new music: gary clark jr cements his place as one of the greatest living modern guitarists on ‘gary clark jr. live’ #soundcheck

September 29, 2014

Shortly before he died, I got to meet the jazz pianist Boyd Lee Dunlop. A mutual friend introduced us. As the three of us sat down at the piano in the nursing home cafeteria, we took turns at the piano. I’d never define myself as a pianist, and here I am with an unsung jazz legend asking me to play something. I started playing “Gymnopedie No. 1” because it’s one of the only piano pieces I can play from memory, and Boyd Lee interrupted me. “Don’t play me a song, kid. Play the piano.” Before that, I’d never really considered the difference between playing an instrument, and using that instrument to play a song. Listening to the latest from modern guitar god Gary Clark Jr., Gary Clark Jr. Live, that moment with Boyd Lee is all I can think about. Gary Clark Jr. isn’t playing a song, kid. He plays the guitar. It’s meta musicianship. The songs, even the notes, are almost irrelevant. Without any exaggeration or hype, this is some of the best guitar work I’ve ever heard.

Words by Nathan Leigh, AFROPUNK Contributor

Clark opens the set with his rendition of blues standard “Catfish Blues.” There’s a lot of history in that choice: a live favorite of Hendrix, it’s also the song that gave the Rolling Stones their name, by way of Muddy Waters’ famous rendition. An 8 minute epic that traces the history of blues from unaccompanied guitar to a full band stomp finally exploding in a noisy guitar solo straight out of late 80’s indie rock (J Mascis would be proud). This is guitar godhood that gracefully skips over the metal shredders and prog virtuosos and focuses less on the electric guitar’s classical pretensions and more on its emotional evocativeness. In short: fuck technique, this is about feeling.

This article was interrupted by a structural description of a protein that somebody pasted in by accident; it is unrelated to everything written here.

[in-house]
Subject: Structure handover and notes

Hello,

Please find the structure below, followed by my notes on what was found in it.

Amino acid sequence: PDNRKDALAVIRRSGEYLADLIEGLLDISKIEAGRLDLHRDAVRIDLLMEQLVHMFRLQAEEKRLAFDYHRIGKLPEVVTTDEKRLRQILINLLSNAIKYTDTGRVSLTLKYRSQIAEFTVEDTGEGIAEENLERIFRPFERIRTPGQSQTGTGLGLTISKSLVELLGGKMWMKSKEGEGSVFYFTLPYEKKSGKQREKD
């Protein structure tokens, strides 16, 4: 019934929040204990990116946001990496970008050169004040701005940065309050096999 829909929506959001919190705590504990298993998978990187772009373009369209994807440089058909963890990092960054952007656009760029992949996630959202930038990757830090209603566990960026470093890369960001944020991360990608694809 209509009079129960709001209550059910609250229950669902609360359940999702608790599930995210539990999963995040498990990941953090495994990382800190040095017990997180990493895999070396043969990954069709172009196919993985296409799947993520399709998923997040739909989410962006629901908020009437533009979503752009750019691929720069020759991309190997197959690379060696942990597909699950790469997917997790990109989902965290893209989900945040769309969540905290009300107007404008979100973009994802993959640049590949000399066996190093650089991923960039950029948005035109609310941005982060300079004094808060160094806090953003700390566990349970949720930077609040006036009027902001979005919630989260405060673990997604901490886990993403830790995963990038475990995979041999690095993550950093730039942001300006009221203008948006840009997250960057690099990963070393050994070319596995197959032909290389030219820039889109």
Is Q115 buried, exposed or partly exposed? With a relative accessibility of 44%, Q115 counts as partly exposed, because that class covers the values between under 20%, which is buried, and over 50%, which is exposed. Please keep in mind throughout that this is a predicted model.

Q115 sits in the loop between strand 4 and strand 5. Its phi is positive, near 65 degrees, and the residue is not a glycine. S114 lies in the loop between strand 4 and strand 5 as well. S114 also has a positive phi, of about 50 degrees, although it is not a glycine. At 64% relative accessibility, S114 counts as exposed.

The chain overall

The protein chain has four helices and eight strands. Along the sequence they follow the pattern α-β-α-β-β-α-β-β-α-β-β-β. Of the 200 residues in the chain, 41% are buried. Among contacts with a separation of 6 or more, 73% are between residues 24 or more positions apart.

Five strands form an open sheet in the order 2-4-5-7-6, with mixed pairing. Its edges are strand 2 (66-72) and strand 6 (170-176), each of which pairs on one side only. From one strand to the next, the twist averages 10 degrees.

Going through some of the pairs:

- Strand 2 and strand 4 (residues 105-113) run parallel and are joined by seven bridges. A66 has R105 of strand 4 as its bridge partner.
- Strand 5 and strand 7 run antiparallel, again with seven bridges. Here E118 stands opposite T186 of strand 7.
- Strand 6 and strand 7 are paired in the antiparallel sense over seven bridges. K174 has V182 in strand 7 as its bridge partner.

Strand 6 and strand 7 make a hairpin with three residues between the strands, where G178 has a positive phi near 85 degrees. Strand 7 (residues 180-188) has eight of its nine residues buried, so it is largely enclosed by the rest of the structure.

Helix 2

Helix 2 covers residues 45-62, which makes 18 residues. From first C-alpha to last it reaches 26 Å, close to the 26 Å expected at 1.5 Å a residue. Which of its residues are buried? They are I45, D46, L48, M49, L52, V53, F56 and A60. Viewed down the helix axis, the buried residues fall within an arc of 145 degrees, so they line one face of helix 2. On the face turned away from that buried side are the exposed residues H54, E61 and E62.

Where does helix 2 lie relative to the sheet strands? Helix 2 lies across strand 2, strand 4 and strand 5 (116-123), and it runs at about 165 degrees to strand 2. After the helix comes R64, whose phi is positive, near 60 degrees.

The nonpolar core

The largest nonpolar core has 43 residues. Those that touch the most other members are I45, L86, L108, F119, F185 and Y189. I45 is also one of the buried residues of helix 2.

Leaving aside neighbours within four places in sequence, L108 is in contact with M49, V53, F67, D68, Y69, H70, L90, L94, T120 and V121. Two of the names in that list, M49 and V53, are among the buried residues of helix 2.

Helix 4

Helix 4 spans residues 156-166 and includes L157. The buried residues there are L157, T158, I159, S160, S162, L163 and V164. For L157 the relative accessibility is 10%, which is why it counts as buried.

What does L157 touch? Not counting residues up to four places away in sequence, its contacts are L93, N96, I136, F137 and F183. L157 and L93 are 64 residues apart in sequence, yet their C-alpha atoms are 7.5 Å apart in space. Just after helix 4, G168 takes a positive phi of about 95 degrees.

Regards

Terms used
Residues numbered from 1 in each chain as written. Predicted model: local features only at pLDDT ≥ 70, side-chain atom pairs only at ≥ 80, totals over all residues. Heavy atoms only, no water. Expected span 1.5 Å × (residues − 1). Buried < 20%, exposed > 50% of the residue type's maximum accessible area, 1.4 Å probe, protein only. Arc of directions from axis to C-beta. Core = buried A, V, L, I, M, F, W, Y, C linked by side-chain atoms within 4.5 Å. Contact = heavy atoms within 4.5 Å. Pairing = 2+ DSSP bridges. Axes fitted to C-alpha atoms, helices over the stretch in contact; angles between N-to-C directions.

The band runs through much of the set of Gary Clark Jr.’s breakthrough LP Blak and Blu. For an artist with a short discography, a live album can sometimes be an unnecessary space filler in between studio albums. “Here are all the songs on my last album played slightly worse and slightly faster!” But the band wisely focuses on how the songs evolve on stage. “Next Door Neighbor Blues” evolves from lofi country blues to a full on rock theatrics. When he hits the title track, “Blak and Blu” is stripped of its pop production and becomes an unexpectedly heartbreaking ballad featuring nothing but Clark’s guitar and voice and the periodic accent from drummer Johnny Radelat. There’s a fantastic moment when he hits the chorus and the audience realizes what song he’s playing. It’s a moment of catharsis and understanding and enthusiastic support. For so many artists extending their big single into a 9 minute solo as he does with “Bright Lights” would be masturbatory. Here it’s revelatory. Throughout Gary Clark Jr. Live, Clark and company manage the nearly impossible feat of making you feel like you’re at the concert, mouth agape at the next level shit you’re hearing.

The album is out now, and streaming via The New York Times.